Lawrence Livermore National Laboratory

The Viral Popularity of LLNL’s Laser-Accelerator Research

The pioneering work of LLNL physicist Félicie Albert has earned the plasma physics equivalent of going viral: Her paper on the wide-ranging potential for laser-accelerated light sources was among the most popular downloads of the year published by the international publishing giant, IOP (Institute of Physics) Science.

Plasma Physics and Controlled Fusion Cover

Albert, of the NIF & Photon Science Directorate, is lead author of the paper that earned a spot in what IOP calls its “exclusive Highlights of 2016 collection,” offering open access to more readers for another year. “Papers are chosen to represent the excellence and breadth of the work published in 2016,” said UK-based publisher Alice Malhador of Plasma Physics and Controlled Fusion in announcing the selection of Albert’s paper out of hundreds published by the journal.

“It’s great to see this work being recognized for the wide potential it offers to so many disciplines,” said Albert, who joined the Laboratory in 2008 as a postdoctoral researcher and in 2010 as a permanent member of the scientific staff. Albert is known internationally as an innovator and expert in research related to the generation of radiation sources from laser-plasma and laser-electron acceleration. Last year she was selected by the Department of Energy’s Office of Fusion Energy Sciences to receive funding as part of DOE’s Early Career Research Program.

Felicie Albert and the Betatron Team at the Jupiter Laser Facility The Betatron X-Ray Team at the Jupiter Laser Facility’s Titan Laser. Front row, from left: Will Schumaker, SLAC National Accelerator Laboratory; Clément Goyon, LLNL; Alison Saunders, UC Berkeley; Nuno Lemos, LLNL; and Jessica Shaw, Laboratory for Laser Energetics, University of Rochester. Back row, from left: Scott Andrews, Félicie Albert, and Brad Pollock, LLNL.

Albert spent nearly a year working on the 36-page review paper, “Applications of laser wakefield accelerator-based light sources,” with co-author Alec G. R. Thomas of Lancaster University in the UK. Their paper focuses on the scientific breakthroughs in laser wakefield acceleration-driven light source research, and development of the immense potential for the technology-enabling advances in everything from high-energy radiography to nuclear medicine to semiconductors to defense and industrial applications. It holds potential in advancing research in high energy density (HED) science as well as wide-impact areas such as energy storage, detection of explosives and drugs in cargo, and the solidity of welded structures such as pipes.

The Lab’s betatron x-ray work is one of the promising light sources driven by laser-wakefield acceleration; a recent Science & Technology Review article highlighted Livermore’s research into materials subjected to extreme conditions of heat and pressure and advances in the field by Albert’s team.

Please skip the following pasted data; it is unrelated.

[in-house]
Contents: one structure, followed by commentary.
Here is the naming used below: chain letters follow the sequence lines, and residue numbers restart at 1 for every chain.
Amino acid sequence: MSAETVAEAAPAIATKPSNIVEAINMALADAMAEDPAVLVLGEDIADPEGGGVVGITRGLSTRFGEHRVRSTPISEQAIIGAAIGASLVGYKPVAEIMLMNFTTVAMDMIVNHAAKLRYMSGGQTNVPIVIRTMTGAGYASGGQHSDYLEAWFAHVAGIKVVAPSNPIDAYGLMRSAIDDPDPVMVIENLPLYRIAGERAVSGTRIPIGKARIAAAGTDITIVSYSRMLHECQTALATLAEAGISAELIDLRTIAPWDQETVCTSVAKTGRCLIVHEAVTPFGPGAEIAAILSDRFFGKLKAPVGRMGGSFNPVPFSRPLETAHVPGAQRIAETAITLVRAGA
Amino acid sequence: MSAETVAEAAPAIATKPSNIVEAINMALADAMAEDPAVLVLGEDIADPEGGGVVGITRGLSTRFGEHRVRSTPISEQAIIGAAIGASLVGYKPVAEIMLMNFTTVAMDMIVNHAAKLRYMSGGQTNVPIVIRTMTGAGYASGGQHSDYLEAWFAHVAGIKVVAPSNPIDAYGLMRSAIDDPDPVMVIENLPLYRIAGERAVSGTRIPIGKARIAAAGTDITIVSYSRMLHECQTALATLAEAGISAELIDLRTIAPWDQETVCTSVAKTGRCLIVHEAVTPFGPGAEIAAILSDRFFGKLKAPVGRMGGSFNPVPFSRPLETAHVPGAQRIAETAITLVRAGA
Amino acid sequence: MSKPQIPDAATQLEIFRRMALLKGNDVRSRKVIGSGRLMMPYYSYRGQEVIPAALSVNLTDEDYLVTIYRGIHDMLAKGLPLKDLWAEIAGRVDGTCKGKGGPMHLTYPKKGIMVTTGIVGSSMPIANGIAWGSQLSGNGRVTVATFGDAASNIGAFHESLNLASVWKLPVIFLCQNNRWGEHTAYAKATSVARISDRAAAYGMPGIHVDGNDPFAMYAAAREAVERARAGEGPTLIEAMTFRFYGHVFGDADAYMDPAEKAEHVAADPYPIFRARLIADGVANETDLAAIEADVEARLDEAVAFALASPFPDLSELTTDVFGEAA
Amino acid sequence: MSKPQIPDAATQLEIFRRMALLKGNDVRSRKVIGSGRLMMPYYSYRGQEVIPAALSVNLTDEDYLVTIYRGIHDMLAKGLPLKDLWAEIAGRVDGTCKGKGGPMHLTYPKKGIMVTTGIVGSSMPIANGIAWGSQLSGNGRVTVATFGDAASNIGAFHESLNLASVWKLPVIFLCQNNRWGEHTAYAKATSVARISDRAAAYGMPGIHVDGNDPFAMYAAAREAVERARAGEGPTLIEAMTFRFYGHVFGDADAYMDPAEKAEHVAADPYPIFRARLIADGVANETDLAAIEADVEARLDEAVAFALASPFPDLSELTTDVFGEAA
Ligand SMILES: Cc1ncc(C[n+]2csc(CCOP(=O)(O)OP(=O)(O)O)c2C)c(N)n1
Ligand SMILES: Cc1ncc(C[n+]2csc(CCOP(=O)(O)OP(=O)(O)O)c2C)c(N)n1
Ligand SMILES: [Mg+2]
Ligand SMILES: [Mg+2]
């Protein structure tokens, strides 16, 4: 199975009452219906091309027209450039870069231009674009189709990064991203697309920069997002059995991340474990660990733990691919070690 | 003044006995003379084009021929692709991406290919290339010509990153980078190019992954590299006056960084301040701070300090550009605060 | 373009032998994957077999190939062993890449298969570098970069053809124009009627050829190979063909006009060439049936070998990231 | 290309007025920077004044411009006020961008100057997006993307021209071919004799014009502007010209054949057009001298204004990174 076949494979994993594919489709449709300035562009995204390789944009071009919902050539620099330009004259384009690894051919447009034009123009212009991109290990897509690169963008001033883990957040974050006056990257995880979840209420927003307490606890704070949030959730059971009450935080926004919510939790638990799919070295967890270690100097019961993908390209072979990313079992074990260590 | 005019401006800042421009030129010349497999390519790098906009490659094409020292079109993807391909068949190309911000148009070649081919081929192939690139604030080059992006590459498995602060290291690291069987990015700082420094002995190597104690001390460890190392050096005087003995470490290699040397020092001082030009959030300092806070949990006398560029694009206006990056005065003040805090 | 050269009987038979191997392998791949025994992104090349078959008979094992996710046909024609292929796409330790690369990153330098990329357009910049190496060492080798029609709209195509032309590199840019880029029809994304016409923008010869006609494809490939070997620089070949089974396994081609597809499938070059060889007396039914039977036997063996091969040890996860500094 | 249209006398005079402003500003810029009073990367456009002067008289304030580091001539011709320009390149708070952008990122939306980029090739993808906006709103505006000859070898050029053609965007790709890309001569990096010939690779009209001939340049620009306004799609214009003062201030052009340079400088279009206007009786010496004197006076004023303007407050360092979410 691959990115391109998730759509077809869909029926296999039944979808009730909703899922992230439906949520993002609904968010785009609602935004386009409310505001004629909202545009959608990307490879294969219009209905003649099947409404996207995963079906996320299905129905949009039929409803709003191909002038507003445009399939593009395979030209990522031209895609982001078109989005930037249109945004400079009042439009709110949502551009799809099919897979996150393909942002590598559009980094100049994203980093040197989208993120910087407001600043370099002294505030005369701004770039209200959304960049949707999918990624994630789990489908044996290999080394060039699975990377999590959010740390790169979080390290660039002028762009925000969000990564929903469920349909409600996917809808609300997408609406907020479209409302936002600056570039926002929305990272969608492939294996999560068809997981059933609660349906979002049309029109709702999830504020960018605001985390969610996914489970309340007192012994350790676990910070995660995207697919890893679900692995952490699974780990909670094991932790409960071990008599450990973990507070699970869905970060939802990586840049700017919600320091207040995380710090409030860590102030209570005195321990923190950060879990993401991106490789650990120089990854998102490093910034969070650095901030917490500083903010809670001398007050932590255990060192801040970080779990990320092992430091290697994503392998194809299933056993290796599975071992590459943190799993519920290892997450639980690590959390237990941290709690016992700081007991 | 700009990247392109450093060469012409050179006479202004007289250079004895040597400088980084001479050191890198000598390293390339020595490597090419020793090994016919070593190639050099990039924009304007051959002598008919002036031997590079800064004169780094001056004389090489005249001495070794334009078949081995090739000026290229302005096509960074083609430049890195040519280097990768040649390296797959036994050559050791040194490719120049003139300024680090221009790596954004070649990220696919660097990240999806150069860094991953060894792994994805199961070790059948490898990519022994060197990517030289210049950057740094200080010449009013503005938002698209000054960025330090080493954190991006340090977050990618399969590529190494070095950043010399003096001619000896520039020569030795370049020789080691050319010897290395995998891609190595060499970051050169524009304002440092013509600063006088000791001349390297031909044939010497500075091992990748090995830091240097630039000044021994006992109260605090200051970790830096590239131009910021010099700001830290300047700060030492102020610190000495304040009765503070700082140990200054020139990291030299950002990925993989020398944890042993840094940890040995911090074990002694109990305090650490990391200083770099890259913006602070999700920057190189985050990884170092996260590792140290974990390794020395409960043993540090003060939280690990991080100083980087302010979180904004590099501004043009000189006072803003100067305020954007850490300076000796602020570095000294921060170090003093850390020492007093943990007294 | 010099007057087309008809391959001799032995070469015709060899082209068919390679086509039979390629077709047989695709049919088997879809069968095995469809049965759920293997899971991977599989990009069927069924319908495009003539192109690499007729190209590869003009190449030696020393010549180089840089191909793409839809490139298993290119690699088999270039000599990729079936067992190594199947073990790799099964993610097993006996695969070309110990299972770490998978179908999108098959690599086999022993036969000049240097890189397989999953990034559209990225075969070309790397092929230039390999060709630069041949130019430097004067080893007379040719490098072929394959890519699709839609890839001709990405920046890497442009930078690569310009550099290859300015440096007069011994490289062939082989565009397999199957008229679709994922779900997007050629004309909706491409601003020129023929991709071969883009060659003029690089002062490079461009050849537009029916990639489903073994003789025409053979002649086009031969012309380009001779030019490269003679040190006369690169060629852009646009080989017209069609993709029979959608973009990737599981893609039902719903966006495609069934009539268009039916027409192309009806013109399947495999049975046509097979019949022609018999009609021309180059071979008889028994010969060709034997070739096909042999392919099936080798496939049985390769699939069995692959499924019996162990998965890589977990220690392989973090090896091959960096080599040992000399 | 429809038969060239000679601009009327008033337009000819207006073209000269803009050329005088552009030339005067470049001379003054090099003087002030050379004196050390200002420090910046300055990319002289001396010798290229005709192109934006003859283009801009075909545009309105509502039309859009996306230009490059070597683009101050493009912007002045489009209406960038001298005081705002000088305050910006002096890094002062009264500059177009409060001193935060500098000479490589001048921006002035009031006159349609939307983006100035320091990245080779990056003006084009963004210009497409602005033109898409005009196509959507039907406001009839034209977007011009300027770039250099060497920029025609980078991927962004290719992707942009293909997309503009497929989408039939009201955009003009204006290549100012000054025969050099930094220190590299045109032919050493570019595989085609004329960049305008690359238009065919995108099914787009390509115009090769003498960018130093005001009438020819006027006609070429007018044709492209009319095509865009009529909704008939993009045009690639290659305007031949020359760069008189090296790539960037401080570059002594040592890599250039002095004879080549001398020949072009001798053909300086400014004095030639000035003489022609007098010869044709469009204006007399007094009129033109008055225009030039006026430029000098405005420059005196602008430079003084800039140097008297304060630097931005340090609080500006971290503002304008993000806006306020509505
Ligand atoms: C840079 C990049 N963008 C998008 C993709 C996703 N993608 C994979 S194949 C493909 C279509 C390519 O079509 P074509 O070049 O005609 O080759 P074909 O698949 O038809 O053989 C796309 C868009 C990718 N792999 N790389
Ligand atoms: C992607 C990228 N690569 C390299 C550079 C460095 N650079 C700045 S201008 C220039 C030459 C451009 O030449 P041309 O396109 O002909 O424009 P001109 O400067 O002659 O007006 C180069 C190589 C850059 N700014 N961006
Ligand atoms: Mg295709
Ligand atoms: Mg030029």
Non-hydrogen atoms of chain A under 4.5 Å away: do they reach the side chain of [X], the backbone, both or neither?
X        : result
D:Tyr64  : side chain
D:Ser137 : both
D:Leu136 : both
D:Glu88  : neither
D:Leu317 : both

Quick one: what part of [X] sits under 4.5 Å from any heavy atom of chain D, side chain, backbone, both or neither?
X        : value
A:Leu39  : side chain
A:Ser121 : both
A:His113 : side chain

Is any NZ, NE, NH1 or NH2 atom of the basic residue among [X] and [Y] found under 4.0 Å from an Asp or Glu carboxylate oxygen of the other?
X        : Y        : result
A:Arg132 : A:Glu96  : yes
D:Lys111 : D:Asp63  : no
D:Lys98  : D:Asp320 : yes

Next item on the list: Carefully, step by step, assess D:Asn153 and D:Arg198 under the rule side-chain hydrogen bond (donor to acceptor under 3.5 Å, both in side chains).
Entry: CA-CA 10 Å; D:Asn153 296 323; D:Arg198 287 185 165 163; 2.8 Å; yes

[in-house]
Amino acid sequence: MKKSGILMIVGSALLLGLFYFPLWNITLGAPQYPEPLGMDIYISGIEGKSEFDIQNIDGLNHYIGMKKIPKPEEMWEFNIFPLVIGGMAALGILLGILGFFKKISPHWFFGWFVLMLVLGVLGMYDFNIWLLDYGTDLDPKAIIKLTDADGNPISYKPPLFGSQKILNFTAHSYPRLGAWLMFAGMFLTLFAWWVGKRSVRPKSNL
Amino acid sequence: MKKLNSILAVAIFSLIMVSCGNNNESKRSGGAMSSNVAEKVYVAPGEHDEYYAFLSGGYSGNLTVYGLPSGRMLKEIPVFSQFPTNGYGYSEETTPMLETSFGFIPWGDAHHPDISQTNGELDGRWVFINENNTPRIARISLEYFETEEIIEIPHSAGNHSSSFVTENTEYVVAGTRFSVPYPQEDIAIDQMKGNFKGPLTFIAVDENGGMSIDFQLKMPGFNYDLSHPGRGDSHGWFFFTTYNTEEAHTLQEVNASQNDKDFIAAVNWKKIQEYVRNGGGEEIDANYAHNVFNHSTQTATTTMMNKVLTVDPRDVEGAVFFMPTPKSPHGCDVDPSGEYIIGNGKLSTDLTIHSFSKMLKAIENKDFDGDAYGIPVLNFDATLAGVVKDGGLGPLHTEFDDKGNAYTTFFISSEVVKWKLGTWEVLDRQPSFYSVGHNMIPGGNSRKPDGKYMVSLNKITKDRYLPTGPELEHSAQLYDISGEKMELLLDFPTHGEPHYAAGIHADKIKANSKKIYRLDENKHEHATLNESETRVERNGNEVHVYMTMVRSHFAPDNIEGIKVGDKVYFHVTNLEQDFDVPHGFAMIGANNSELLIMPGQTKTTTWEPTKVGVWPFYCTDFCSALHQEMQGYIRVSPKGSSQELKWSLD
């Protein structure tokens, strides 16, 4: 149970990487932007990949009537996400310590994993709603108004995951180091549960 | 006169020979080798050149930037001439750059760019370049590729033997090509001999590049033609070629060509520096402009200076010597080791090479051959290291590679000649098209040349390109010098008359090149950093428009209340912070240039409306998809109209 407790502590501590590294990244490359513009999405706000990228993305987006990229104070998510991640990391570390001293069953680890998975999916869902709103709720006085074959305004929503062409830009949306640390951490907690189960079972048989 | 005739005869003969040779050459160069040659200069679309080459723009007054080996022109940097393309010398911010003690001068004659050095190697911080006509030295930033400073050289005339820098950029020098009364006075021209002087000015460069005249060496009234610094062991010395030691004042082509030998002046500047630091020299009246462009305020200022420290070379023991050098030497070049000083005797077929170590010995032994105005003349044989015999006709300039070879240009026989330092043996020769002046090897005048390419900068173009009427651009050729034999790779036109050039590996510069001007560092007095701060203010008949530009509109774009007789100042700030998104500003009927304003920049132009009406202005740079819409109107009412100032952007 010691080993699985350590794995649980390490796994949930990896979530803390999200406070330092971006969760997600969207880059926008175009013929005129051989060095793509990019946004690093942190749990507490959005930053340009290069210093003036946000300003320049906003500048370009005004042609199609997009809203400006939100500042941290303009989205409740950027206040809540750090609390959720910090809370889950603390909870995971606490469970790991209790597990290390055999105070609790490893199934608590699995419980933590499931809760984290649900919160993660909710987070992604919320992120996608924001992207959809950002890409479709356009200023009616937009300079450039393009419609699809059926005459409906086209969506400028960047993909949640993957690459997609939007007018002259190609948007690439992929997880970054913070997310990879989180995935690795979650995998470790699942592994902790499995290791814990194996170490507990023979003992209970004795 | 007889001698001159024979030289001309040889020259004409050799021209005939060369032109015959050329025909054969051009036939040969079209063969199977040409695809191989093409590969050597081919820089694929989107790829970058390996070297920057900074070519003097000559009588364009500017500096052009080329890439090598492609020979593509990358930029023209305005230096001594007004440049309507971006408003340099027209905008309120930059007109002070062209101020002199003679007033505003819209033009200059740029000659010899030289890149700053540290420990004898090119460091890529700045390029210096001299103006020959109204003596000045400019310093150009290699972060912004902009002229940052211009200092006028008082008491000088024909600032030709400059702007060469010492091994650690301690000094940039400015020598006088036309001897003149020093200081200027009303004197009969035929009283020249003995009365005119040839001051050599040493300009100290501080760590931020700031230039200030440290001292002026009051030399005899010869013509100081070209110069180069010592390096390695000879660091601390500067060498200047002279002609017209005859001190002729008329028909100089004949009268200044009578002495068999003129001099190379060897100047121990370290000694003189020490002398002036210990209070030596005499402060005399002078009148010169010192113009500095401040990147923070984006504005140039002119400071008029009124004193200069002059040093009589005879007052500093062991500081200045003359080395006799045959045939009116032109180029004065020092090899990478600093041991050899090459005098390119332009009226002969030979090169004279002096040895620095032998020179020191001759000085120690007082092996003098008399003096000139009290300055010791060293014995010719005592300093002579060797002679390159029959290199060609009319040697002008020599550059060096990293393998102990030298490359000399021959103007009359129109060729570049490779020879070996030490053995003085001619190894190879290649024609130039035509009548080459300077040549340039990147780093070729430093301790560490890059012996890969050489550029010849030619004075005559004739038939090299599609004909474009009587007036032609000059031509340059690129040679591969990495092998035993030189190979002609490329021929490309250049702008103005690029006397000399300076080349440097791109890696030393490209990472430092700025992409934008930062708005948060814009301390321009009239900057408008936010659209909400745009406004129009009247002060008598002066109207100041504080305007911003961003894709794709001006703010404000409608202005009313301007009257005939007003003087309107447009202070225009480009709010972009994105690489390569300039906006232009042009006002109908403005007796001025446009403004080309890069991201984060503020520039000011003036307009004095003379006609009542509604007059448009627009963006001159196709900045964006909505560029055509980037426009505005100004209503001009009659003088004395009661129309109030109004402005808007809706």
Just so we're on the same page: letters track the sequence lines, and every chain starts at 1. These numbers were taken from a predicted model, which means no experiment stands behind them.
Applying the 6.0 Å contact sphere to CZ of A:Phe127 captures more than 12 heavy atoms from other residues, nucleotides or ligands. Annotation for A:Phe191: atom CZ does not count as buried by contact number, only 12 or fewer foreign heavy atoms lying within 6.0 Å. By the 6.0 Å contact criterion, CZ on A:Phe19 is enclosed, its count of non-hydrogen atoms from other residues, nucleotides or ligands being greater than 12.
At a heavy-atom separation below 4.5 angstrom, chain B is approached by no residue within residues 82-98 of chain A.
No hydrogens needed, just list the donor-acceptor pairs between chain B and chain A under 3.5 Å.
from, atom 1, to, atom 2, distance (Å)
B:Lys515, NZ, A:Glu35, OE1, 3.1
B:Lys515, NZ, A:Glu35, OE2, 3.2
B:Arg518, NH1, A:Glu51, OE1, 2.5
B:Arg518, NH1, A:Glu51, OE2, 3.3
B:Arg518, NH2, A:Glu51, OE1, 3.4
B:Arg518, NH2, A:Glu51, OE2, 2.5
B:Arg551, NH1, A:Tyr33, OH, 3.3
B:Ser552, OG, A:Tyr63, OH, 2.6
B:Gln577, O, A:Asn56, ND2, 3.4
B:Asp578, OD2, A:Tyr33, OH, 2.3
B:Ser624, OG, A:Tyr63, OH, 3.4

Illustration of Laser Wakefield Acceleration Principle of laser wakefield acceleration, showing the laser pulse, accelerated electron bunch, and longitudinal electrical field. Credit: A.G.R. Thomas, Lancaster University

Superfast X-ray Imaging

Albert works with some of the fastest x-ray imaging tools ever developed. “It allows us to take snapshots of ultrafast phenomena happening on the atomic scale,” she explains, “like an exceptionally high-speed camera for atoms except it’s a probe. It can be a very powerful tool to diagnose high energy density science phenomena with various techniques, such as imaging or spectroscopy.”

Electrons traveling at nearly the speed of light can be accelerated in a laser-driven plasma channel, a process known as laser-wakefield acceleration. Several methods, described in the paper, allow these electrons to produce various forms of radiation, from terahertz to x rays to gamma rays. Radiation produced in this manner is femtoseconds in duration—as fast as a quadrillionth of a second—directional, spatially coherent, and broadband, making it highly attractive as a probe.

To produce betatron x rays, one of the sources described in the paper and the main focus of Albert’s current work, a high-powered laser pulse strips electrons from the molecules of a gas, creating a plasma consisting of a cloud of positively charged ions and free electrons. The free electrons are pushed aside by the laser light, and some circle back behind the pulse to be captured in the positively charged ion bubble in the pulse’s wake. The oscillating “wakefield” electrons produce high-energy x rays in the femtosecond regime that are synchronous with the initial laser pulse.

Albert’s work has been funded by the Laboratory Directed Research and Development program as well as the DOE Office of Science Early Career Research Program and the Office of Fusion Energy Sciences.